Lower back pain and antalgic lean


Hi, about 10 years ago, I was in a car accident. I was diagnosed with herniated and bulging discs in my lower back and neck. No surgery was done, only some chiropractic adjustments and massages.

Since then I have mild but fairly consistent back discomfort with the occasional muscle spasm. A few days ago I had a severe muscle spasm that lasted all day. During the afternoon I tried to lift a grocery bag, that had 2 gallons of milk, to help my wife. I was unable to do it and dropped the bag. The pain in my back got a little worse. I put ice on my back for around 20 minutes. After that I went to the bathroom and took off my shirt and noticed in the mirror I had a severe lean to the right (the side of most of my discomfort).

This scared me, so we immediately went to the E.R. The condition worsened as I sat in the waiting room waiting to see the doctor. When I saw the doctor he assumed it was just a bad spasm and prescribed me Flexeril (muscle relaxer), Naproxin, and Hydrocodone for pain. I have been in bed for 2 days, trying to stay off of it. The lean is still very noticeable but not quite as bad as when I left the hospital. I have an appointment with an Orthopedist in a couple of days.

My question is, am I seeing the right person, or should I see a chiropractor? Also, what should I be doing in the meantime to prevent further injury, or to help with the pain/lean? Is this likely permanent? Will this be permanent? Any help would be greatly appreciated. Thank you.

An antalgic lean is a serious sign, almost certainly a sign of slipped disc; what's good is that you make no mention of leg pain.

The other factor that's good is that you are leaning towards the painful side; the so-called postero-medial disc. They usually come right quicker.

Herein lies a danger though. Both medial and lateral discs take six weeks to heal from when it's reduced; chiropractors use various manipulative techniques and orthopaedists no doubt have theirs. The medial won't usually respond to traction. Make it worse, confirmed in the literature.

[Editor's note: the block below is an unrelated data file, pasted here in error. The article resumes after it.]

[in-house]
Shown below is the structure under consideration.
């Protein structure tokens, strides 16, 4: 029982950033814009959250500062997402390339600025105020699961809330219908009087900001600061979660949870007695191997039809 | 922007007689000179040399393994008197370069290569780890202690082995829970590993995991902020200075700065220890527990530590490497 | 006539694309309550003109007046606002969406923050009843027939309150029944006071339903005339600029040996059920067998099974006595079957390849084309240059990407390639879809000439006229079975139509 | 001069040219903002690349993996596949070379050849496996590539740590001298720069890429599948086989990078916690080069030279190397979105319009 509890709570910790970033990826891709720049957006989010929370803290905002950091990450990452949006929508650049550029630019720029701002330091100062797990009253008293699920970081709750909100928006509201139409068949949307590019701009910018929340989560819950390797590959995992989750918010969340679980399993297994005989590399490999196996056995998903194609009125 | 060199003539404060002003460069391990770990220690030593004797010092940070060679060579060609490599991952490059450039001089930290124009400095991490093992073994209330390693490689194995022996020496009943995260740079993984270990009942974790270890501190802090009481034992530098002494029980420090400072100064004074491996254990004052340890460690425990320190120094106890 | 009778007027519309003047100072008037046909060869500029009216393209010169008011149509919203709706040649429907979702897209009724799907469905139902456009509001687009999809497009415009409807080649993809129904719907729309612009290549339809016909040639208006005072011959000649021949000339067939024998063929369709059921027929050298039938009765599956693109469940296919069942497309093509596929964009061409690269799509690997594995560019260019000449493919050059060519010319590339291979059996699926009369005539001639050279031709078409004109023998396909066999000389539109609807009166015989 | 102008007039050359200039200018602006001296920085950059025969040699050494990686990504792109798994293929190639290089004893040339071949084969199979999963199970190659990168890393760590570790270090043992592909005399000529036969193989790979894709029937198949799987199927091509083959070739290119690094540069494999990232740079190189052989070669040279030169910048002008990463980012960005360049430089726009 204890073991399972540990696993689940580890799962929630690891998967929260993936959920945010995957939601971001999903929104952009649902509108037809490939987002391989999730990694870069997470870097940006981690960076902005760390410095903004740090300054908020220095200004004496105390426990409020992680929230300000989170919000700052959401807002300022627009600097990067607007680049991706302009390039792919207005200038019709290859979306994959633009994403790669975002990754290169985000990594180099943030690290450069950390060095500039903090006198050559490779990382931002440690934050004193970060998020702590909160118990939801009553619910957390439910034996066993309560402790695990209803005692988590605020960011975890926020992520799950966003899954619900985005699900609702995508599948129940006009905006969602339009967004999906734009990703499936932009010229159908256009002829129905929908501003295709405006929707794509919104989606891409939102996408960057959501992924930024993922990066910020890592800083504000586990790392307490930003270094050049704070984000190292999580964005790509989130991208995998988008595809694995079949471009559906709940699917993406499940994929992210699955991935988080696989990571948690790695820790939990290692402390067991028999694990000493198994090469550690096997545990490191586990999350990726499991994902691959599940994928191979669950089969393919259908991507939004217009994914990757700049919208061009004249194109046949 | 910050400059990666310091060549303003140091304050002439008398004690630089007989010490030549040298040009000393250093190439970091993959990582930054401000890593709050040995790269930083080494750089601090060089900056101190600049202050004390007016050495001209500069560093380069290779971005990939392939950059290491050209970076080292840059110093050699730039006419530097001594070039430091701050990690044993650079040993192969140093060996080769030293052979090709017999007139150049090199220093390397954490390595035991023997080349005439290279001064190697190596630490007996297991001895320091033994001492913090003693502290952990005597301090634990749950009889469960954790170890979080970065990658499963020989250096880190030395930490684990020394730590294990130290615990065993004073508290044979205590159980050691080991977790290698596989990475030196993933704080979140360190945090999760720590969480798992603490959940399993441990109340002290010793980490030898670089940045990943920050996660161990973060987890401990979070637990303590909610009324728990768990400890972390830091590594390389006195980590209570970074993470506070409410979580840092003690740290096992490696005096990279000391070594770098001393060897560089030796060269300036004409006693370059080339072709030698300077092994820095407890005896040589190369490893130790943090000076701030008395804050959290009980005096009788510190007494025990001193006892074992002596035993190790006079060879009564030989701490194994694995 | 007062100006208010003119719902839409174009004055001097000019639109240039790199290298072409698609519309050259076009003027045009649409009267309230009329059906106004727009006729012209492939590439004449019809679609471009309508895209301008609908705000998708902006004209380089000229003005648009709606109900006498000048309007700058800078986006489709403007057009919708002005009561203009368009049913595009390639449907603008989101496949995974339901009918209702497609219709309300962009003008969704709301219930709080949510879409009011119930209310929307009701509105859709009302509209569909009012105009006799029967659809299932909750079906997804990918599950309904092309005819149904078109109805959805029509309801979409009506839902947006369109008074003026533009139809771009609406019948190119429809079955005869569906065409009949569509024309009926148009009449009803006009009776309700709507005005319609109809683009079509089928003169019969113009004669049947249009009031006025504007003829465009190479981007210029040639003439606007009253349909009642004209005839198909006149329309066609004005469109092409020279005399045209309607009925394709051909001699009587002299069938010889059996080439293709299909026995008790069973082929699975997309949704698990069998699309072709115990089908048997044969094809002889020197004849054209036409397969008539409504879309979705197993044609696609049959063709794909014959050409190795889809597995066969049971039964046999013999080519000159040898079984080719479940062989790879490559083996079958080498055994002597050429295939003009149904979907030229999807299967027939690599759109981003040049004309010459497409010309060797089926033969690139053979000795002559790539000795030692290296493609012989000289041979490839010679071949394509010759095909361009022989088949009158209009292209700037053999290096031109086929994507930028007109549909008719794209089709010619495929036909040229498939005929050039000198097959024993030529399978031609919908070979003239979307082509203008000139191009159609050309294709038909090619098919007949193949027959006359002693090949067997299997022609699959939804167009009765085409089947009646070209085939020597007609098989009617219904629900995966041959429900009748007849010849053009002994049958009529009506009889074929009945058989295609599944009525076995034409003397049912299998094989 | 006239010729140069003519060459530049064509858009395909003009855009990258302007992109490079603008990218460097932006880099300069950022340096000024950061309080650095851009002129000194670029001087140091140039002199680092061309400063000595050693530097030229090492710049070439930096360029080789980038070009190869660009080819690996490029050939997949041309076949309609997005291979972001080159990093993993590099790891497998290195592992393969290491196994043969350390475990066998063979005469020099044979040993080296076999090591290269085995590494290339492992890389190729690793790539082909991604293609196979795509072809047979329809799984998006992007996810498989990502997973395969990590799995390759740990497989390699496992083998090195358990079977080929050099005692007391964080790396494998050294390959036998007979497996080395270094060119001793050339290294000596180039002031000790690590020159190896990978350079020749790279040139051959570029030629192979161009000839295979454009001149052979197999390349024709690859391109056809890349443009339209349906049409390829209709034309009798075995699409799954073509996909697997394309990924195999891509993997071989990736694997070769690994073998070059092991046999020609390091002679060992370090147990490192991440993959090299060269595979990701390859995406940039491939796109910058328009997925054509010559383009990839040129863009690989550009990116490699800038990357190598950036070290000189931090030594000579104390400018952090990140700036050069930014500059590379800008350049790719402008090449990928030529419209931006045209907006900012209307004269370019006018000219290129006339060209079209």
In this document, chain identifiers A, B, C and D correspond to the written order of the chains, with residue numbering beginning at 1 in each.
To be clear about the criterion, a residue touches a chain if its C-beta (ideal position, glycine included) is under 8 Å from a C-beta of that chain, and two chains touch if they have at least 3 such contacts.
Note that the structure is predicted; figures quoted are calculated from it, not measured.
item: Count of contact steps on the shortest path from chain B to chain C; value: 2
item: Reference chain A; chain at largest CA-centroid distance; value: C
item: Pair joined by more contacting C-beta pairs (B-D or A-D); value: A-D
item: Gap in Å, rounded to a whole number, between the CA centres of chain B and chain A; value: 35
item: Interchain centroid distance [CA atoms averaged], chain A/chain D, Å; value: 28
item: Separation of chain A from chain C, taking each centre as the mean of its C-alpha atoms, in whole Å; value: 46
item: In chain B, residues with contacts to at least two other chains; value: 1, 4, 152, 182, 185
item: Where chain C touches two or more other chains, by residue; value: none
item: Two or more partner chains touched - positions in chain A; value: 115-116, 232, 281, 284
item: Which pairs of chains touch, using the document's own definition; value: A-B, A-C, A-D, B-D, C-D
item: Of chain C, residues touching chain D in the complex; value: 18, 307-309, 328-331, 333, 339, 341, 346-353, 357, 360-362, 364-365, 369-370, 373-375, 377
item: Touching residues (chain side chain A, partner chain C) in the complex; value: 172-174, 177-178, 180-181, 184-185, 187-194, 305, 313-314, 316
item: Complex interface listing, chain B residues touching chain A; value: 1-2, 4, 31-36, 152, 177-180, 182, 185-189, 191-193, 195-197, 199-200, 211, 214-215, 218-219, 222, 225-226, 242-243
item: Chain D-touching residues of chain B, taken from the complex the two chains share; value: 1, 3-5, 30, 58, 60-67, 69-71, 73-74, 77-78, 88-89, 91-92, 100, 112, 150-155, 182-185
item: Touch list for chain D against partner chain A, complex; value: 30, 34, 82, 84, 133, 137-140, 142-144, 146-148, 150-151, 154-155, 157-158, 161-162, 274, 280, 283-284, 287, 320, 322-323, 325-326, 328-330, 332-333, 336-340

And because the pain and antalgic lean are usually much improved after a week or two, folk often get back in the deep end too soon, and injury it again. Read our "50 percent less pain" page.

There are potential troubles ahead whichever way you turn, Andy. It takes skilled manipulation to reduce the disc and can worsen; failed back surgery is well known; pills can give you a hole in the stomach and in any case are only treating the symptoms. You wouldn't treat a broken arm with just medication.

Read our slipped disc rules page. Sitting will most likely increase the bulge and prolonged bed rest also doesn't help, but I recommend, together with exercises, and get up every hour.

From today on, do our gentle lower back exercises every morning before getting out of bed. EVERY MORNING. For the rest of your life.

An antalgia is a 'functional' scoliosis; temporary.

Check for a short leg; sometimes an insert in the shoe can do wonders.

I hope this contributes.

Dr B


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» Lower back pain and antalgic lean




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Interesting challenges of the day

1. Mr S is a 76 year old man with neck pain of some 9 months duration. Luckily, most of the discomfort is upper cervical which is only rarely arthritic; his lower cervical spine is a degenerative mess that I've left alone. After seven treatments his pain and stiffness is 50 percent better, and he's happy in the circumstances. He can sleep through the night now and that makes a huge difference.